Every Oracle customer that wants to purchase anything from Oracle needs to have an active Oracle Master Agreement, also referred to as the OMA. This includes software, cloud and hardware. The Oracle OMA is usually valid for 5 years, but can be extended. In this video we give you the basic overview of Oracle Master Agreement (OMA or previously SLSA/OLSA). The OMA replaced the OLSA, which typically was a transactional agreement where a customer would sign a new agreement for each purchase. However, there is still a transactional version of the OMA, also known as the TOMA.
Any product bought in Oracle will be referencing an OMA agreement. The OMA describes the general terms for the products or services you purchased. Each product or service is governed by a specific schedule in the OMA. Schedule P is for program or software, Schedule H is for Hardware and so on. Mapping of Oracle’s different services and how they relate to the OMA schedules can be found here. Every Oracle Software, cloud or hardware requires an active OMA, this covers Oracle ULA as well.
We have listed some of the most commonly used schedules below, but if you purchase from a new product category a new schedule will be added to the OMA.
Every purchase, meaning every Ordering Document, is placed under an OMA. Oracle rarely makes changes to the master agreement, which means that any special terms you might have negotiated usually will be referenced in the ordering document. As such, the special terms will only apply for that specific order. It is Oracle’s way to simplify and manage their contractual comments to you and avoid giving too much away. As standard, anything written at an ordering documents level, will take precedence over terms and conditions in the OMA.
One of the most important contractual definitions for Oracle software is listed in the OMA under schedule P for programs or what we in general refer to as software. One example is where Oracle specifies that you may only use Oracle software for your “internal business Operations”. It also states that your agents, contractors and outsourcers are allowed to have access to your software as part of your daily operations. However, you are responsible for their compliance with the general terms listed in the OMA.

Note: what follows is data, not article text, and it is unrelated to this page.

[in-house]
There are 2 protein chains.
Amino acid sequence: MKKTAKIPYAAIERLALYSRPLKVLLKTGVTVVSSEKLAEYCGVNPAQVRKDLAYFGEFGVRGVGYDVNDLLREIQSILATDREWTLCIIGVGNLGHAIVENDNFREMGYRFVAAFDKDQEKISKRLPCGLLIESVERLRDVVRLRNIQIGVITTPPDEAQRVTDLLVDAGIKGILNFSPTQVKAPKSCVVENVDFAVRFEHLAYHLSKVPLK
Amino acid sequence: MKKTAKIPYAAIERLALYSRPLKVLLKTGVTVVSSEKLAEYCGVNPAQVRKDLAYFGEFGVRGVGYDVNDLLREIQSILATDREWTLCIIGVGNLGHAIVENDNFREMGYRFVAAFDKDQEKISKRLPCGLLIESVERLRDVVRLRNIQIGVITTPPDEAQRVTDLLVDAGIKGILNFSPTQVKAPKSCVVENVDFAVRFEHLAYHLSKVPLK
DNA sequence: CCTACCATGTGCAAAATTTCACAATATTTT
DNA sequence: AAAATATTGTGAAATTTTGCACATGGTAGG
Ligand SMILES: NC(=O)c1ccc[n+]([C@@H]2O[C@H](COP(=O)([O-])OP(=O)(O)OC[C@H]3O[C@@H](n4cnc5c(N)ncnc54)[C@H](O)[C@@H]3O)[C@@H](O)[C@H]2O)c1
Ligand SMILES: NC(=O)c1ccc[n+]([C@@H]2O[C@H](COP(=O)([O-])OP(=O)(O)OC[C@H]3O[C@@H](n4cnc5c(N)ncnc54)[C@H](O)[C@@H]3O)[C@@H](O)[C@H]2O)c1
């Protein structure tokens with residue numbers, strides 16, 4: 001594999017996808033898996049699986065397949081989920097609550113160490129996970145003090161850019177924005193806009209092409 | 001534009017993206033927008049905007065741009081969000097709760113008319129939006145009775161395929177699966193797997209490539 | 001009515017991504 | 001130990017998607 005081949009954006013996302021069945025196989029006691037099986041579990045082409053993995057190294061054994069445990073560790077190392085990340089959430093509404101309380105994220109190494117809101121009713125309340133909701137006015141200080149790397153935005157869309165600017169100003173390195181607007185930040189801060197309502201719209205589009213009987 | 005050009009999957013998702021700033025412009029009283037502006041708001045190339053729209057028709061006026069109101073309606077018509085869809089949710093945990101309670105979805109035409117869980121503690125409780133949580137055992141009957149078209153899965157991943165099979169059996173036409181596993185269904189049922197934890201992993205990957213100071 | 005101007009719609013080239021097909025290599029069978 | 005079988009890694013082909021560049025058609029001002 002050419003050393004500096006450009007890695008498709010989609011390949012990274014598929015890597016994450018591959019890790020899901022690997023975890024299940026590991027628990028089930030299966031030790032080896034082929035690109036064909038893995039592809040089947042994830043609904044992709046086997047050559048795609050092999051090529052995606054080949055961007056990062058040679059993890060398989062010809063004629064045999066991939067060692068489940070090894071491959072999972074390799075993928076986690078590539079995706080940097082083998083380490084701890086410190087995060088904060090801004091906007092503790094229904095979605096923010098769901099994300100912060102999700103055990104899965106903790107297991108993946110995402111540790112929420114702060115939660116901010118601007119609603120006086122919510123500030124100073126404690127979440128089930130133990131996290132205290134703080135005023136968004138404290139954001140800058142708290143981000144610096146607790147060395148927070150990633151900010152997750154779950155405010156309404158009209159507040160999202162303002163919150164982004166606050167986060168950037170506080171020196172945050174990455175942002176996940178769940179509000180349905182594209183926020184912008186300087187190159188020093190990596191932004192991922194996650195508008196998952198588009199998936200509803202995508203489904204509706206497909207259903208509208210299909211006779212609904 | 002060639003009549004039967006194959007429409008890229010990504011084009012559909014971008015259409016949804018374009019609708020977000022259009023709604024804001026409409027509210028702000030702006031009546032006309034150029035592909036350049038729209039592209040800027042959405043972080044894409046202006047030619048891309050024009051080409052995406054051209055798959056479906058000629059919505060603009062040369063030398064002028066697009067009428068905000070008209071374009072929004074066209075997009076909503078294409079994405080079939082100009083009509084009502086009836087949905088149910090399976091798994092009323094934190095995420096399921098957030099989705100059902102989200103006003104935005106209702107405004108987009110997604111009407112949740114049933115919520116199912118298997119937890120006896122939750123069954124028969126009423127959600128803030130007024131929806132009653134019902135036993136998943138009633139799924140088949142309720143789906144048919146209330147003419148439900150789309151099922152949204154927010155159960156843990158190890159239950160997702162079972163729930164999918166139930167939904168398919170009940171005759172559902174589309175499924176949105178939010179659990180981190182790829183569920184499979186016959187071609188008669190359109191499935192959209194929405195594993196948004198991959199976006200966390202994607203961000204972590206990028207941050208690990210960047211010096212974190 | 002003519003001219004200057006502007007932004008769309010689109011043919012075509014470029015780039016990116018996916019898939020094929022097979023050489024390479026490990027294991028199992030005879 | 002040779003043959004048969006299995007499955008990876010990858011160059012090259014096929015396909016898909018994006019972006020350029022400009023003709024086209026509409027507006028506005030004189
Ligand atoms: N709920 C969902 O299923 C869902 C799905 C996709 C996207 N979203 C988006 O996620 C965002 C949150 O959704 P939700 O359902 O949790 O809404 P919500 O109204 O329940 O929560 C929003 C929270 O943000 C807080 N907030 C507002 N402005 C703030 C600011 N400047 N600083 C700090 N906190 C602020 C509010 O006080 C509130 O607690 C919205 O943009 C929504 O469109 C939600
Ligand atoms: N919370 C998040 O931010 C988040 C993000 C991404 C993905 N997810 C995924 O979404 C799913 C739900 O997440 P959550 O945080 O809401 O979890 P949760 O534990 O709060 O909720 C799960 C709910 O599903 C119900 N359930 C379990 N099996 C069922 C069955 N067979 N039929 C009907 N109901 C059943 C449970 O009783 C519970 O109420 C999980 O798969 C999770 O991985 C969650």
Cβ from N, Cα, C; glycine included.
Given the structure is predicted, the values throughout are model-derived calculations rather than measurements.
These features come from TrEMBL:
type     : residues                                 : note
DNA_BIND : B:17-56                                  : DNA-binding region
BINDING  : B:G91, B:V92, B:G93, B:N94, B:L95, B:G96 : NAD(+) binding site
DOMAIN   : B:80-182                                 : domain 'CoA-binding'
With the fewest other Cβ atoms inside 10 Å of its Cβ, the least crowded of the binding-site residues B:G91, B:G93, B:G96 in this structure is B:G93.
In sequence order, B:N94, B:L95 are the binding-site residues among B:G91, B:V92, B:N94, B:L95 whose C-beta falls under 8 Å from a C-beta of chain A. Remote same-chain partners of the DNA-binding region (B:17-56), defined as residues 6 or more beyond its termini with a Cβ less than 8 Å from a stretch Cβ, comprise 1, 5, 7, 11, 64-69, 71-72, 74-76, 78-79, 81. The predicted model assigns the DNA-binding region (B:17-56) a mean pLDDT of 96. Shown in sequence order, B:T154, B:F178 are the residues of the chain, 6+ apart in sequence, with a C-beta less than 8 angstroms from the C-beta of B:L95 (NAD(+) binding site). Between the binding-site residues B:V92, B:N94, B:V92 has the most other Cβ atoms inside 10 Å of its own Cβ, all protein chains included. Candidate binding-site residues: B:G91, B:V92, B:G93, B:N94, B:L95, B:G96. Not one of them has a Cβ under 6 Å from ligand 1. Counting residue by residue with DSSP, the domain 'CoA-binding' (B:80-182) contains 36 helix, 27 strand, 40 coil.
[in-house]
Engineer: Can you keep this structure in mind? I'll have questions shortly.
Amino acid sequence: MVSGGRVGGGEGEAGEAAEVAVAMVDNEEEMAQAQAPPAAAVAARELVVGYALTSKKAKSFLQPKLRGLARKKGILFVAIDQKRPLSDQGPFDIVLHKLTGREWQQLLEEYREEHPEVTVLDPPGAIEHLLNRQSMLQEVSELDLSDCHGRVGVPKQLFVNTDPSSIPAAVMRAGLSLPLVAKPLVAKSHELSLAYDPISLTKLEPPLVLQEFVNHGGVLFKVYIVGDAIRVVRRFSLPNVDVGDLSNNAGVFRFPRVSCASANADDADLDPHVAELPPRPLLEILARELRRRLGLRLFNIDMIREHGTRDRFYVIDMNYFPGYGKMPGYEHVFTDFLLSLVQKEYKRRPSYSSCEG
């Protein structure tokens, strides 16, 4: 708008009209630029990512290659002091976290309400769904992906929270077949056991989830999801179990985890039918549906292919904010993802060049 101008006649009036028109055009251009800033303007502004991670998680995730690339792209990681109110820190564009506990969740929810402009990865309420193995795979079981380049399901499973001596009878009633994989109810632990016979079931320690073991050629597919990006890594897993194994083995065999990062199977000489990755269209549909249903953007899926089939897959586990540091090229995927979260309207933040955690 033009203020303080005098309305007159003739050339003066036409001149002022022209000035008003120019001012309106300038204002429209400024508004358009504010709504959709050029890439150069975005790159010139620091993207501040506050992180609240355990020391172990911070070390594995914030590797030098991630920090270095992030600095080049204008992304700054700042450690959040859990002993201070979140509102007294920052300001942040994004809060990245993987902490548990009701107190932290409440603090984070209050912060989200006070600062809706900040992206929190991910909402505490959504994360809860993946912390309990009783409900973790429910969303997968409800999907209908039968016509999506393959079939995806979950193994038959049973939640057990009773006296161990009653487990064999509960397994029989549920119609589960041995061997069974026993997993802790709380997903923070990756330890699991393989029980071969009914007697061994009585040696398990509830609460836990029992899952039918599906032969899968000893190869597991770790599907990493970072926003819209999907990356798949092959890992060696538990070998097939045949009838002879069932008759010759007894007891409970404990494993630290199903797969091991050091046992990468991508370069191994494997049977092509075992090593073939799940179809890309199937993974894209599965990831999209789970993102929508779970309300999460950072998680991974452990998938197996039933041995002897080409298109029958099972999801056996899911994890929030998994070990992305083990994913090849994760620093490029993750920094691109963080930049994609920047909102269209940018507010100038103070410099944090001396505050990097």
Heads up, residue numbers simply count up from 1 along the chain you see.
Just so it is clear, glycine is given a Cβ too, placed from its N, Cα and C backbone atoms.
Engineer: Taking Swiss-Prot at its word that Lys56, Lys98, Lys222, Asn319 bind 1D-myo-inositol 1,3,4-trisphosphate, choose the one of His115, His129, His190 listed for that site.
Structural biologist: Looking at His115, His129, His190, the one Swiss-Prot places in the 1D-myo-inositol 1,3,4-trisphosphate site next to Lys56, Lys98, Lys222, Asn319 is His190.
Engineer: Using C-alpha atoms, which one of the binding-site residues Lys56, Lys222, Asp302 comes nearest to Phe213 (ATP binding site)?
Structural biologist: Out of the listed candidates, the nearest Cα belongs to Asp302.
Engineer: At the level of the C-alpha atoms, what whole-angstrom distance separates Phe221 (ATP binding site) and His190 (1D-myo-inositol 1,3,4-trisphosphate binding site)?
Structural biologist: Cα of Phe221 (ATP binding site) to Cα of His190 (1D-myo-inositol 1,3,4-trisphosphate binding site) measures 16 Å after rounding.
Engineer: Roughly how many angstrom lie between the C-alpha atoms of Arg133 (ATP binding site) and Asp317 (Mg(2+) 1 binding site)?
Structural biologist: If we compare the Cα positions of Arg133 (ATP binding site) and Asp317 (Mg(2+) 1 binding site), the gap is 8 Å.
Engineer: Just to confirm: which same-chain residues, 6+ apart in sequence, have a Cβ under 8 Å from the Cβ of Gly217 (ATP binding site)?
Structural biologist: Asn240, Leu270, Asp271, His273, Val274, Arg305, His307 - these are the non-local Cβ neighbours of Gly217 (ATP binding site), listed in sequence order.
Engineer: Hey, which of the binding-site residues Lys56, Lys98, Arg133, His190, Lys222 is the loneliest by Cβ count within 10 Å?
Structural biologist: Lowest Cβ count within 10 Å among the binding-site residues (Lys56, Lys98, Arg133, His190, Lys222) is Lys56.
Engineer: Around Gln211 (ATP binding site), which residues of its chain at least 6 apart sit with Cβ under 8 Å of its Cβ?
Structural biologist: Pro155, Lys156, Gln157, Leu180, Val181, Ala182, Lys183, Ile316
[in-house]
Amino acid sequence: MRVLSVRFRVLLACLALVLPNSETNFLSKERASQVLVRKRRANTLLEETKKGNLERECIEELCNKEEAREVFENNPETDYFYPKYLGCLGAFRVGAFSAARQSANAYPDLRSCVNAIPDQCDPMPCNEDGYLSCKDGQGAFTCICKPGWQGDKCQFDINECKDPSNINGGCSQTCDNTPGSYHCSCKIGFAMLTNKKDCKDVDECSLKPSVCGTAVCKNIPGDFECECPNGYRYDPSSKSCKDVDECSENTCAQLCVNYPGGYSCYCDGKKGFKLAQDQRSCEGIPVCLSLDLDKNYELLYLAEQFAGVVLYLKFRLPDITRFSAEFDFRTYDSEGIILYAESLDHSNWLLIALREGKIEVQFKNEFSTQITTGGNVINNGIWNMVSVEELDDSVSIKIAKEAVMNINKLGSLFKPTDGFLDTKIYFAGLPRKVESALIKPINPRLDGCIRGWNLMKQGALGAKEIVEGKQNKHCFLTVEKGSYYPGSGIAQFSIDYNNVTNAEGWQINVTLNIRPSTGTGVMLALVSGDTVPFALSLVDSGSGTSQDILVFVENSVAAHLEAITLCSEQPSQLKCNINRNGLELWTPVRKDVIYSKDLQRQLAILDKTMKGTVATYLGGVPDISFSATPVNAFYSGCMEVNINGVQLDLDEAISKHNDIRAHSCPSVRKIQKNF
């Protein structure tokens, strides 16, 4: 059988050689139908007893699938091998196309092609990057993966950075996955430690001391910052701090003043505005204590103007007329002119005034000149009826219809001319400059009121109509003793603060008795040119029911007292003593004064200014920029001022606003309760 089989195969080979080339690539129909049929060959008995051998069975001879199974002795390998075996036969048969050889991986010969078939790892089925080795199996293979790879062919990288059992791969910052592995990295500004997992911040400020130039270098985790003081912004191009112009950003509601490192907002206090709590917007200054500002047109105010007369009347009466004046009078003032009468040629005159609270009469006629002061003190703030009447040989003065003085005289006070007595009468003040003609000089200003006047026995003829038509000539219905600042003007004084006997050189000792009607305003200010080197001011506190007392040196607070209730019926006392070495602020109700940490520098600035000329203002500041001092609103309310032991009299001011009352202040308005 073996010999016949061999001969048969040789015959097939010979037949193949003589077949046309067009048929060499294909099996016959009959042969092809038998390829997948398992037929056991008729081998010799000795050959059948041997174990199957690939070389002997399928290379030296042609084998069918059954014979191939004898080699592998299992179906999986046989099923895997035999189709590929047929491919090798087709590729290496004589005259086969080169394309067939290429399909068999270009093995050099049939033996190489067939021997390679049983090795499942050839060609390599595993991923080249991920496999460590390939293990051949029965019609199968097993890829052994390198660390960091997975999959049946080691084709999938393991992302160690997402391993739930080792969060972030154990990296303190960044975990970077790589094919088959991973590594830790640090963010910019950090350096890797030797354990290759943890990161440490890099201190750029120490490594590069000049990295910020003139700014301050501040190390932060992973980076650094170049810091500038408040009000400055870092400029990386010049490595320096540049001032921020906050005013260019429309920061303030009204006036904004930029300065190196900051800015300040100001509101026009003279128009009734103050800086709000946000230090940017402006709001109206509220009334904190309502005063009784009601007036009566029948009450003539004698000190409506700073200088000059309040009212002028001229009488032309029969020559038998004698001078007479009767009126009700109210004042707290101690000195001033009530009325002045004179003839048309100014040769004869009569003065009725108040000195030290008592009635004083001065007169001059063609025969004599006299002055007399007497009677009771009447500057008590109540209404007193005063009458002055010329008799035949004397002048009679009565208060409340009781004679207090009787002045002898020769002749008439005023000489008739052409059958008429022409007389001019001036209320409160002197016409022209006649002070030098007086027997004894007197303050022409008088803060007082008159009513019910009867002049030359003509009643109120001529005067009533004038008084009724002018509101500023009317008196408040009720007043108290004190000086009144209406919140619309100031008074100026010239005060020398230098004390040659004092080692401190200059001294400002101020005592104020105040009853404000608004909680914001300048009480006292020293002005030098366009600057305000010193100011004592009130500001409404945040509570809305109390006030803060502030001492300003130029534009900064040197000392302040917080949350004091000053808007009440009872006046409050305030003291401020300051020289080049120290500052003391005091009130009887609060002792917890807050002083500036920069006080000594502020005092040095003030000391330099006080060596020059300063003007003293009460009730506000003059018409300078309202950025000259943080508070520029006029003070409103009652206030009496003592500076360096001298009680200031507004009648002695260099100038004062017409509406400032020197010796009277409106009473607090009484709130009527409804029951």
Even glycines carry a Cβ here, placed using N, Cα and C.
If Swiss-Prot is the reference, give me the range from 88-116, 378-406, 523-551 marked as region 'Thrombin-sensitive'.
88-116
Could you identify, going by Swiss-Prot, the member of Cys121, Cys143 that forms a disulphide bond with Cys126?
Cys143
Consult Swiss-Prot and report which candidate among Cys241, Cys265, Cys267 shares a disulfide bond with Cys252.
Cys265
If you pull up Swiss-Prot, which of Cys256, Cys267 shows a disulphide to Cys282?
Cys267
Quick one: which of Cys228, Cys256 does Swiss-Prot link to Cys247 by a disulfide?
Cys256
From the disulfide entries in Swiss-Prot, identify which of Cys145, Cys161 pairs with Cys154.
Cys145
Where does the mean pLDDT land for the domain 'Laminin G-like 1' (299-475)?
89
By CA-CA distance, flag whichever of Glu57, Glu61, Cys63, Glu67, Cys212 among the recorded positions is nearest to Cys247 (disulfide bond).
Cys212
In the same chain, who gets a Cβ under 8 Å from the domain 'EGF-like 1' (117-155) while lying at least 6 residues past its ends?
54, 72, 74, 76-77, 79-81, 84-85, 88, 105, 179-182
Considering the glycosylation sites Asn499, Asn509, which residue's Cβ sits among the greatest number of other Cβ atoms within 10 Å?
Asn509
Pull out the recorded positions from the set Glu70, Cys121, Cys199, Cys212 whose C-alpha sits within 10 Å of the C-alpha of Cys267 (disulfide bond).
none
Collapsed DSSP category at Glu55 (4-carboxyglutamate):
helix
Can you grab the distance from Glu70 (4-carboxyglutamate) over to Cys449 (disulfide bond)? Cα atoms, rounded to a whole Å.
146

In summary, you cannot share your Oracle software with with another company, or allow other companies to use your Oracle software through hosting or by building any other type of service on top of the software – you would need special contractual rights for that. You are on the other hand allowed to have external people (contractor, agents and outsourcers) to work with your Oracle software to maintain your business operations.
The limitations of use might seem straight forward in the master agreement, but it is an area where customers to Oracle often go wrong.
Other important areas of interest are trial usage of Oracle software, everything related to your support such as support policies and the annual support increase, some of which includes dynamic links to documents external to your contact – these are links that can change at any point in time without notice.
The audit clause is also in the OMA. It is – to some extend – detailing the terms and conditions of the Oracle audit, but besides a few points it is very open to interpretation and gives nothing away on the actual audit process.
If you need help to negotiate or understand an Oracle Master Agreement, reach out to discuss in detail how we can help you.